Is King County violating law barring ICE from Boeing Field?
The federal government is suing King County for banning Immigration and Customs Enforcement from using Boeing Field. But is the county actually violating the law, or does it have a compelling defense?
“I think the federal complaint makes a pretty strong case that (King County) is [breaking the law],” former Washington State Attorney General Rob McKenna told KIRO Radio’s Dave Ross.
McKenna details three separate aspects of the federal government’s case against King County. He first cites something known as the “supremacy clause,” that outlines how federal law supersedes local regulations when the two are in conflict.
Second, the case cites aviation provisions that prohibit the county from limiting federal access to the airport. And finally, McKenna points out that a 72-year-old agreement between the county and federal government provides “unfettered access” to Boeing Field.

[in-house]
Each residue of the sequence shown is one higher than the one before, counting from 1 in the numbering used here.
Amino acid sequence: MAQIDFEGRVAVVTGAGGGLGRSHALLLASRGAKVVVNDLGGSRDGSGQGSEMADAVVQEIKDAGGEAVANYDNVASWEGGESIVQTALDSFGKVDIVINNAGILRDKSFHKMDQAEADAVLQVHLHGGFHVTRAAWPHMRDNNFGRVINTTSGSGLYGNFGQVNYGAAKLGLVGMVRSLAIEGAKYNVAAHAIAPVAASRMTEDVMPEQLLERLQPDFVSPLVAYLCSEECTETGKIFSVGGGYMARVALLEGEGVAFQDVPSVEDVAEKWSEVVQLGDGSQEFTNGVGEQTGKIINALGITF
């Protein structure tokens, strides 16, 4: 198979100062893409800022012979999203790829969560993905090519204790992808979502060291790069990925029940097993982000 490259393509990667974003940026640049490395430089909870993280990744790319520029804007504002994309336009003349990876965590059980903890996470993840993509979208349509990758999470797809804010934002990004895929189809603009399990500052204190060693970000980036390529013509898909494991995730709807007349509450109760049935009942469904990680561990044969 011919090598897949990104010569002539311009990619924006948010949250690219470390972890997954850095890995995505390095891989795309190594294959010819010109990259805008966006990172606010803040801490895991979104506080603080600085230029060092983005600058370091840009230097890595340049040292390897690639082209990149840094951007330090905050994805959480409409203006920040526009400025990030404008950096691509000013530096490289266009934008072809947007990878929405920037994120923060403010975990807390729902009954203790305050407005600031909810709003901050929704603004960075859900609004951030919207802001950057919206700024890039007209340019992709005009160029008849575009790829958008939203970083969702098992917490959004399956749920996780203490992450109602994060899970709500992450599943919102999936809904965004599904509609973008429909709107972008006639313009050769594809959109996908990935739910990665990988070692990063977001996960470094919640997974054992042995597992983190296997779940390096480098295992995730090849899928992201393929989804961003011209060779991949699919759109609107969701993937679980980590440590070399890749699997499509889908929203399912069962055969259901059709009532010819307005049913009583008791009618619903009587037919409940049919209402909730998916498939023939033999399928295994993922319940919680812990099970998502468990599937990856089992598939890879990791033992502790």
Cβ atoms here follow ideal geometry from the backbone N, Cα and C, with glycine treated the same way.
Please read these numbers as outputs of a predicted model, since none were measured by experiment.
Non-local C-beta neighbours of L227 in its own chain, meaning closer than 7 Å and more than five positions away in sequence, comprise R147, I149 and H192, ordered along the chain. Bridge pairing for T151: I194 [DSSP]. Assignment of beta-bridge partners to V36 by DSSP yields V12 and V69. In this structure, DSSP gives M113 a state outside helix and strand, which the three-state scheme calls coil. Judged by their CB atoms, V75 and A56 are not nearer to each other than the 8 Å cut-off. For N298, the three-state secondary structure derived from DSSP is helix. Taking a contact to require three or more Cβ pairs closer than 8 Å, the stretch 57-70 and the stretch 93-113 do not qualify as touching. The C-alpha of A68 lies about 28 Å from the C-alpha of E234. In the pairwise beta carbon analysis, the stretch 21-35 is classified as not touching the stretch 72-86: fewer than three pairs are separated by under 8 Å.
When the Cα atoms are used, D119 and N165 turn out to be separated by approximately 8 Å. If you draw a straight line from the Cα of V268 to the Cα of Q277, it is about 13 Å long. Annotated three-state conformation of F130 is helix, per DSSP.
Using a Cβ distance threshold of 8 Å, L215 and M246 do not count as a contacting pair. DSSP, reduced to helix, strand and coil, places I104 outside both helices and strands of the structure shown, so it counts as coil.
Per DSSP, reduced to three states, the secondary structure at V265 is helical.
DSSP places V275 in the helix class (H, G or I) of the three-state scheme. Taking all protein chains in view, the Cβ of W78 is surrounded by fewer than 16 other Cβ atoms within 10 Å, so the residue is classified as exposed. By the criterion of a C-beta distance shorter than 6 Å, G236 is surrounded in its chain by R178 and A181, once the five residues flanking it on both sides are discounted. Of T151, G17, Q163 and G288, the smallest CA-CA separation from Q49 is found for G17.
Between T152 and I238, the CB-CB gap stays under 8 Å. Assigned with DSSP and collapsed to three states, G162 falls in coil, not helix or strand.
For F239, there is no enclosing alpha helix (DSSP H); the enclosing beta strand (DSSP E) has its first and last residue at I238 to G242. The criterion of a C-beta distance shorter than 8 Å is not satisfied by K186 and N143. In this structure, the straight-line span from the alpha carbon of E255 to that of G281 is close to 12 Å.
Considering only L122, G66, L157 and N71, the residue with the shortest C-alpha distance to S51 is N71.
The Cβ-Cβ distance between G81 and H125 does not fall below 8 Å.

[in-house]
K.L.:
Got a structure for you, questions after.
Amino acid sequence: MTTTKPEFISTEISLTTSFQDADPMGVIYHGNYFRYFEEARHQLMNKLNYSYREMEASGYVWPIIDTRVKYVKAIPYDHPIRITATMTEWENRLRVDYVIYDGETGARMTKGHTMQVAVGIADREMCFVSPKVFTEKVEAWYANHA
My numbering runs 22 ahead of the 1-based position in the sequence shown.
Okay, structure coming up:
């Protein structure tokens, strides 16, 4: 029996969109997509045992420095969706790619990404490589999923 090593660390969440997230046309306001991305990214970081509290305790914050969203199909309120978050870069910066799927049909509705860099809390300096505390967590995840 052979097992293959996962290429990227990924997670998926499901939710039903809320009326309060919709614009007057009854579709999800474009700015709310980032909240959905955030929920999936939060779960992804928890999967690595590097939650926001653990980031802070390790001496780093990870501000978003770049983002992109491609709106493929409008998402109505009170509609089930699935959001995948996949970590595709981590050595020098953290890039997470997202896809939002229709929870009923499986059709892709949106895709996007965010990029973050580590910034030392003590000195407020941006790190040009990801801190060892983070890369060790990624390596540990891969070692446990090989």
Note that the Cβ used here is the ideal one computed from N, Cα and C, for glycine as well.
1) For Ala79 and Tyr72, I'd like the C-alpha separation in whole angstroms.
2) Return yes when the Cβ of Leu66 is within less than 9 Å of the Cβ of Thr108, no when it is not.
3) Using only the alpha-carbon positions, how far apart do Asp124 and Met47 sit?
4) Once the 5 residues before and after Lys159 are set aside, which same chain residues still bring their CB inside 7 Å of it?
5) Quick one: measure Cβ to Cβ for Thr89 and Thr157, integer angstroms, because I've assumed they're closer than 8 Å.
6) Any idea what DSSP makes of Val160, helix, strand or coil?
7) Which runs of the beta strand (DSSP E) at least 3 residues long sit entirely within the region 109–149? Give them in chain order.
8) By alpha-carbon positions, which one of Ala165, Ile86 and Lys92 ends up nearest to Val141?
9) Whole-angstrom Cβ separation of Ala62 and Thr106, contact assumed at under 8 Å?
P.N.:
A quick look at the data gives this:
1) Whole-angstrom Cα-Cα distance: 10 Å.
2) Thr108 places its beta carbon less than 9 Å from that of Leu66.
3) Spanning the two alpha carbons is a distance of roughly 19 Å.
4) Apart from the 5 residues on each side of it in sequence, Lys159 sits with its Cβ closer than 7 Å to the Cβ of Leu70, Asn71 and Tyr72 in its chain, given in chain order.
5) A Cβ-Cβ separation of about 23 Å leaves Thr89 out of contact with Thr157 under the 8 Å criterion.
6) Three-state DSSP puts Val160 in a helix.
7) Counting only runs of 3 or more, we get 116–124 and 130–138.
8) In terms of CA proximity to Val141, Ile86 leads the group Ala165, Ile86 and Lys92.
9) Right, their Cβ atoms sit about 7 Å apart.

“Those are three independent reasons to find that what King County has done here is is illegal,” he said.
On the other side of the lawsuit, King County argues that it has complete control over the airport, which McKenna points out is substantively true. It says it’s not explicitly required to partner or collaborate with ICE in any way.
The flight ban at Boeing Field enacted by King County went into effect last spring, when Executive Dow Constantine signed an order to renegotiate leases on land used by flight operators. The order dictated that no services could be provided for deporting immigration detainees in any future leases at the airfield.
That prompted ICE to use an airport in Yakima. The move has resulted in additional costs to drive detainees an extra 150 miles to the other airport.
U.S. Attorney William D. Hyslop explained in a news conference on Monday that the detainees being transported have been deemed a risk to the community’s safety or have been previously deported.
“What we are talking about is illegal immigration, which is prohibited by federal law,” Hyslop said.
According to a report by the Center for Human Rights at the University of Washington, ICE deported 34,000 people out of Boeing Field from 2010-2018, with an average of 360 flights per month.
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